1.3. “If, then, those arts follow their own defined principles when they are taught, how much more does the teaching and profession of our religion, which is directed to contemplating the secrets of invisible mysteries rather than to present gain and which seeks instead the reward of eternal prizes, consist in a defined order and method. Its knowledge is in fact twofold. The first kind is praktikē, or practical, which reaches its fulfillment in correction of behavior and in cleansing from vice. The other is theōrētikē, which consists in the contemplation of divine things and in the understanding of most sacred meanings.

2.1. “Whoever, therefore, wishes to attain to the theōrētikē must first pursue practical knowledge with all his strength and power. For the praktikē can be possessed without the theoretical, but the theoretical can never be seized without the practical. For certain steps have been arranged and distinguished in such a way that human lowliness can mount to the sublime. . . .

3.1. “Now this practical perfection exists in a twofold form. Its first mode is that of knowing the nature of all the vices and the method of remedying them. The second is that of discerning the sequence of the virtues and forming our mind by their perfection in such a way that it is obedient to them not as if it were coerced and subjected to an arbitrary rule but as taking pleasure in and enjoying what is so to say a natural good, thus mounting with delight the hard and narrow way. For how will a person who does not understand the nature of his vices and has not striven to uproot them be able to attain either to the method of the virtues, which is the second step in practical discipline, or to the mysteries of spiritual and heavenly realities, which are found on the higher step of theoria?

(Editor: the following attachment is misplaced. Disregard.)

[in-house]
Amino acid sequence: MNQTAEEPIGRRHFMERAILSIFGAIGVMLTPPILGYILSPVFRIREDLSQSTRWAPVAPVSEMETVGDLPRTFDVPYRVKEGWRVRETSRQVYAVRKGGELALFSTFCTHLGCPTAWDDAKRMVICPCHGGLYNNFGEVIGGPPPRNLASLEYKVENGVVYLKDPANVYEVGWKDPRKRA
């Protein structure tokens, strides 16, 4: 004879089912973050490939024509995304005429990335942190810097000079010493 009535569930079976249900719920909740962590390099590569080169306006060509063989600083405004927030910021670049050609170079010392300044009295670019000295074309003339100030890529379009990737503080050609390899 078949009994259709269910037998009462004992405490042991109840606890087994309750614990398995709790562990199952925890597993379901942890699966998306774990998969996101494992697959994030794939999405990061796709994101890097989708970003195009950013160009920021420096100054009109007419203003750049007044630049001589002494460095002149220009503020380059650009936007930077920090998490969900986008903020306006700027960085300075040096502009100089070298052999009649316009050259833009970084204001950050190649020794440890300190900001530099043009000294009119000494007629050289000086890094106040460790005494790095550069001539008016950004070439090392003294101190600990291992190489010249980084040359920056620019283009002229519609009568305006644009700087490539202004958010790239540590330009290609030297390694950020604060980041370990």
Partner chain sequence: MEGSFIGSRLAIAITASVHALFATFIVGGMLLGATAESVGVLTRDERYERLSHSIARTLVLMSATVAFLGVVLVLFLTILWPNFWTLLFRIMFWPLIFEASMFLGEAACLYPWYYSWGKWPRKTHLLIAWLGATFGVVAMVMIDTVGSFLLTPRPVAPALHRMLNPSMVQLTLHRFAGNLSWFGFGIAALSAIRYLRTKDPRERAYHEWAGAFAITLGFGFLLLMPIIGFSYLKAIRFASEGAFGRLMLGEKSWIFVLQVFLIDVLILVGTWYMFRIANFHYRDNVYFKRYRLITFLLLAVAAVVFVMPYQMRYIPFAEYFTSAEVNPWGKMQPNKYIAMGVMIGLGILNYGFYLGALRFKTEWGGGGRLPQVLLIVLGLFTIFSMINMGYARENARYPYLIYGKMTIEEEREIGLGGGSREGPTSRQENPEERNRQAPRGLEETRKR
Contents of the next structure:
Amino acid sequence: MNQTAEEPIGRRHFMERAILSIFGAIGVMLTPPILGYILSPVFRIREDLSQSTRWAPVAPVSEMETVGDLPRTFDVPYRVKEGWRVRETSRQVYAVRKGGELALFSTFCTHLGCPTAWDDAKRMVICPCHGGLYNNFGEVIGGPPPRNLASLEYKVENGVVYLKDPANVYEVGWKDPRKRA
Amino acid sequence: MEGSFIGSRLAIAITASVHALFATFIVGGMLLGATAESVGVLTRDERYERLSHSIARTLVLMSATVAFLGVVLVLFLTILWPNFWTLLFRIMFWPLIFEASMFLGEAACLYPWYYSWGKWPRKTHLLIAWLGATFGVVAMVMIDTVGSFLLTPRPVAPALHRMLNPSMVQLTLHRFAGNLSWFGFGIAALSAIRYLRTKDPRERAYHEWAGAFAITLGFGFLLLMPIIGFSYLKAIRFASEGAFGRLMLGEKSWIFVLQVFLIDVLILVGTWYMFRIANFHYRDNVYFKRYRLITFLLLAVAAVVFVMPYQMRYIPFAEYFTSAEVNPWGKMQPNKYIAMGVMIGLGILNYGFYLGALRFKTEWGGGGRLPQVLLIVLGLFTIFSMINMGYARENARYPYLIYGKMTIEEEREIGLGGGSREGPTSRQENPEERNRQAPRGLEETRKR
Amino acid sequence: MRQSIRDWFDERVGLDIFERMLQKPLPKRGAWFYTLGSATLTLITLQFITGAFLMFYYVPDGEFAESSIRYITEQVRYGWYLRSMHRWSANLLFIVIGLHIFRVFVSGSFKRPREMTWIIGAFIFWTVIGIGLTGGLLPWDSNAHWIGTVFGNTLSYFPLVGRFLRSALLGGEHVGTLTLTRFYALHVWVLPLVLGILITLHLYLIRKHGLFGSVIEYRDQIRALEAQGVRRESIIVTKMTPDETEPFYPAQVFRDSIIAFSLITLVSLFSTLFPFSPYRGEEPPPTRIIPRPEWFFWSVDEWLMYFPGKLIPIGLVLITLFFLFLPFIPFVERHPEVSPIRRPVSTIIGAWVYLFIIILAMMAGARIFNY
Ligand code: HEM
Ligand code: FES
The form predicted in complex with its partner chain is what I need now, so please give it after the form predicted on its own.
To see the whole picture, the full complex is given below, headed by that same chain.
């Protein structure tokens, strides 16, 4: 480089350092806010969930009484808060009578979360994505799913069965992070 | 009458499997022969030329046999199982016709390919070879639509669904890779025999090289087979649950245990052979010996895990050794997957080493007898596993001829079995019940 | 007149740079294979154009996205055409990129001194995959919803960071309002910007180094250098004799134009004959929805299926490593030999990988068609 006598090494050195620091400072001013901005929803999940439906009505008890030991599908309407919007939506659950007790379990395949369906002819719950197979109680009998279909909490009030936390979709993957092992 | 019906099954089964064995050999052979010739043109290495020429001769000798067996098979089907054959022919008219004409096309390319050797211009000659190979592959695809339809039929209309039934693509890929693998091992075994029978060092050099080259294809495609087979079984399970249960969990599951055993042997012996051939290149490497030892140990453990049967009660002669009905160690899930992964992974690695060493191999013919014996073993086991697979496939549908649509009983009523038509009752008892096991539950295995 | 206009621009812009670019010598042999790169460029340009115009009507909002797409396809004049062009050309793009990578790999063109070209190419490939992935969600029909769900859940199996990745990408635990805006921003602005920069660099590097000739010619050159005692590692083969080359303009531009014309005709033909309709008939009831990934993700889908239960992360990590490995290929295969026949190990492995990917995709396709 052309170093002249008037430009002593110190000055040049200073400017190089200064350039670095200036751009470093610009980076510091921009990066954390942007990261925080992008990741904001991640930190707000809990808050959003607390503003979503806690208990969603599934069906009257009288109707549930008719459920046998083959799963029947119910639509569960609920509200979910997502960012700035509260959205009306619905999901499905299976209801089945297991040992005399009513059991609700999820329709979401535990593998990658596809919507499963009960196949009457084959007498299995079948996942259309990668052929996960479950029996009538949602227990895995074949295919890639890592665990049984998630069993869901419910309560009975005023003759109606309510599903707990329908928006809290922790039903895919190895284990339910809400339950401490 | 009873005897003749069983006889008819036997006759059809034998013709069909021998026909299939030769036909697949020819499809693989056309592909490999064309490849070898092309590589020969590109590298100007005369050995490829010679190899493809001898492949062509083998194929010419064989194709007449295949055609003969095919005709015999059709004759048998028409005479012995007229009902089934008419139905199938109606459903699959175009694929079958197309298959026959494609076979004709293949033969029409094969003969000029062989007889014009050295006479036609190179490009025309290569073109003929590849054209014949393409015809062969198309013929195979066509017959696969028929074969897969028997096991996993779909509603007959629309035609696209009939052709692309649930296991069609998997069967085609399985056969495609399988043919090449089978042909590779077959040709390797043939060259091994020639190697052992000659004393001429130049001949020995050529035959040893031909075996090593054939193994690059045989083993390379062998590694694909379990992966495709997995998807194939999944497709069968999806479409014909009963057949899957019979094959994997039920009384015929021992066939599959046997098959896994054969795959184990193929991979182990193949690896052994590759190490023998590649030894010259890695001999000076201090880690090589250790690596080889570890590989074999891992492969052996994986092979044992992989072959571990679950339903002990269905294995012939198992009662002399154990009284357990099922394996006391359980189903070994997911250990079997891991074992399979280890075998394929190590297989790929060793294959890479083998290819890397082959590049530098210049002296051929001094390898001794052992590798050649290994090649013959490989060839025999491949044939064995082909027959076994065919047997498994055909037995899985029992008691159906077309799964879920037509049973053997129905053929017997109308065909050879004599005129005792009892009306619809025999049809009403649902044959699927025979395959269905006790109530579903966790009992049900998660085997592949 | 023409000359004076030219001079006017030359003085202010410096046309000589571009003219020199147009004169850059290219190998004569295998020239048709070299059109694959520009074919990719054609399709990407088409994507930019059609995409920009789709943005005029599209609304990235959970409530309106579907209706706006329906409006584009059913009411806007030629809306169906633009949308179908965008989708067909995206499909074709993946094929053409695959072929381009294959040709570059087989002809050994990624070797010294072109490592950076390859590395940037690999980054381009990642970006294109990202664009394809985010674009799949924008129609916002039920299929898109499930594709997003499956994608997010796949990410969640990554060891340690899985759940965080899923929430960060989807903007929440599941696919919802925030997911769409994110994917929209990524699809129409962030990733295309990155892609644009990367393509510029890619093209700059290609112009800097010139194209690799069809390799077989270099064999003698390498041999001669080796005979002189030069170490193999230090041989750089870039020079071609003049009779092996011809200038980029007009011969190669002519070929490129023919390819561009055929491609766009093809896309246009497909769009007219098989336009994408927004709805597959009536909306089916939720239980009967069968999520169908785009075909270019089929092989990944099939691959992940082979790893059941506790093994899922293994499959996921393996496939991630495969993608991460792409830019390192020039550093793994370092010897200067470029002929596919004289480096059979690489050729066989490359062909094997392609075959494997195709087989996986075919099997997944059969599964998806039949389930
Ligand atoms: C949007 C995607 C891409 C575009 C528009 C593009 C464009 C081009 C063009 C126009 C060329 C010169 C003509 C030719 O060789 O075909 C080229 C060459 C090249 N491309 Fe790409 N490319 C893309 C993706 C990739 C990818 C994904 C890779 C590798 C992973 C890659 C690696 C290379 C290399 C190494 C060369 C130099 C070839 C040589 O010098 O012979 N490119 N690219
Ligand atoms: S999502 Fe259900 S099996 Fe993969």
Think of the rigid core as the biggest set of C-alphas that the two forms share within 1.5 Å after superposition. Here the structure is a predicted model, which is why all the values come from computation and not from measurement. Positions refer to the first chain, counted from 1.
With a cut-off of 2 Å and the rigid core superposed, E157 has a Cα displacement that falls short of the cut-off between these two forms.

On the fourfold sense of Scripture—historical, allegorical, tropological, anagogical

 8.1. “The praktikē is dispersed among many professions and pursuits. The theōrētikē, on the other hand, is divided into two parts—that is, into historical interpretation and spiritual understanding. Hence, when Solomon had enumerated the different forms of grace in the Church, he added: ‘All who are with her are doubly clothed’ (Prov. 31:21). Now, there are three kinds of spiritual knowledge —tropology, allegory, and anagogy—about which it is said in Proverbs: ‘But you describe those things for yourself in threefold fashion according to the largeness of your heart’ (Prov. 22:20).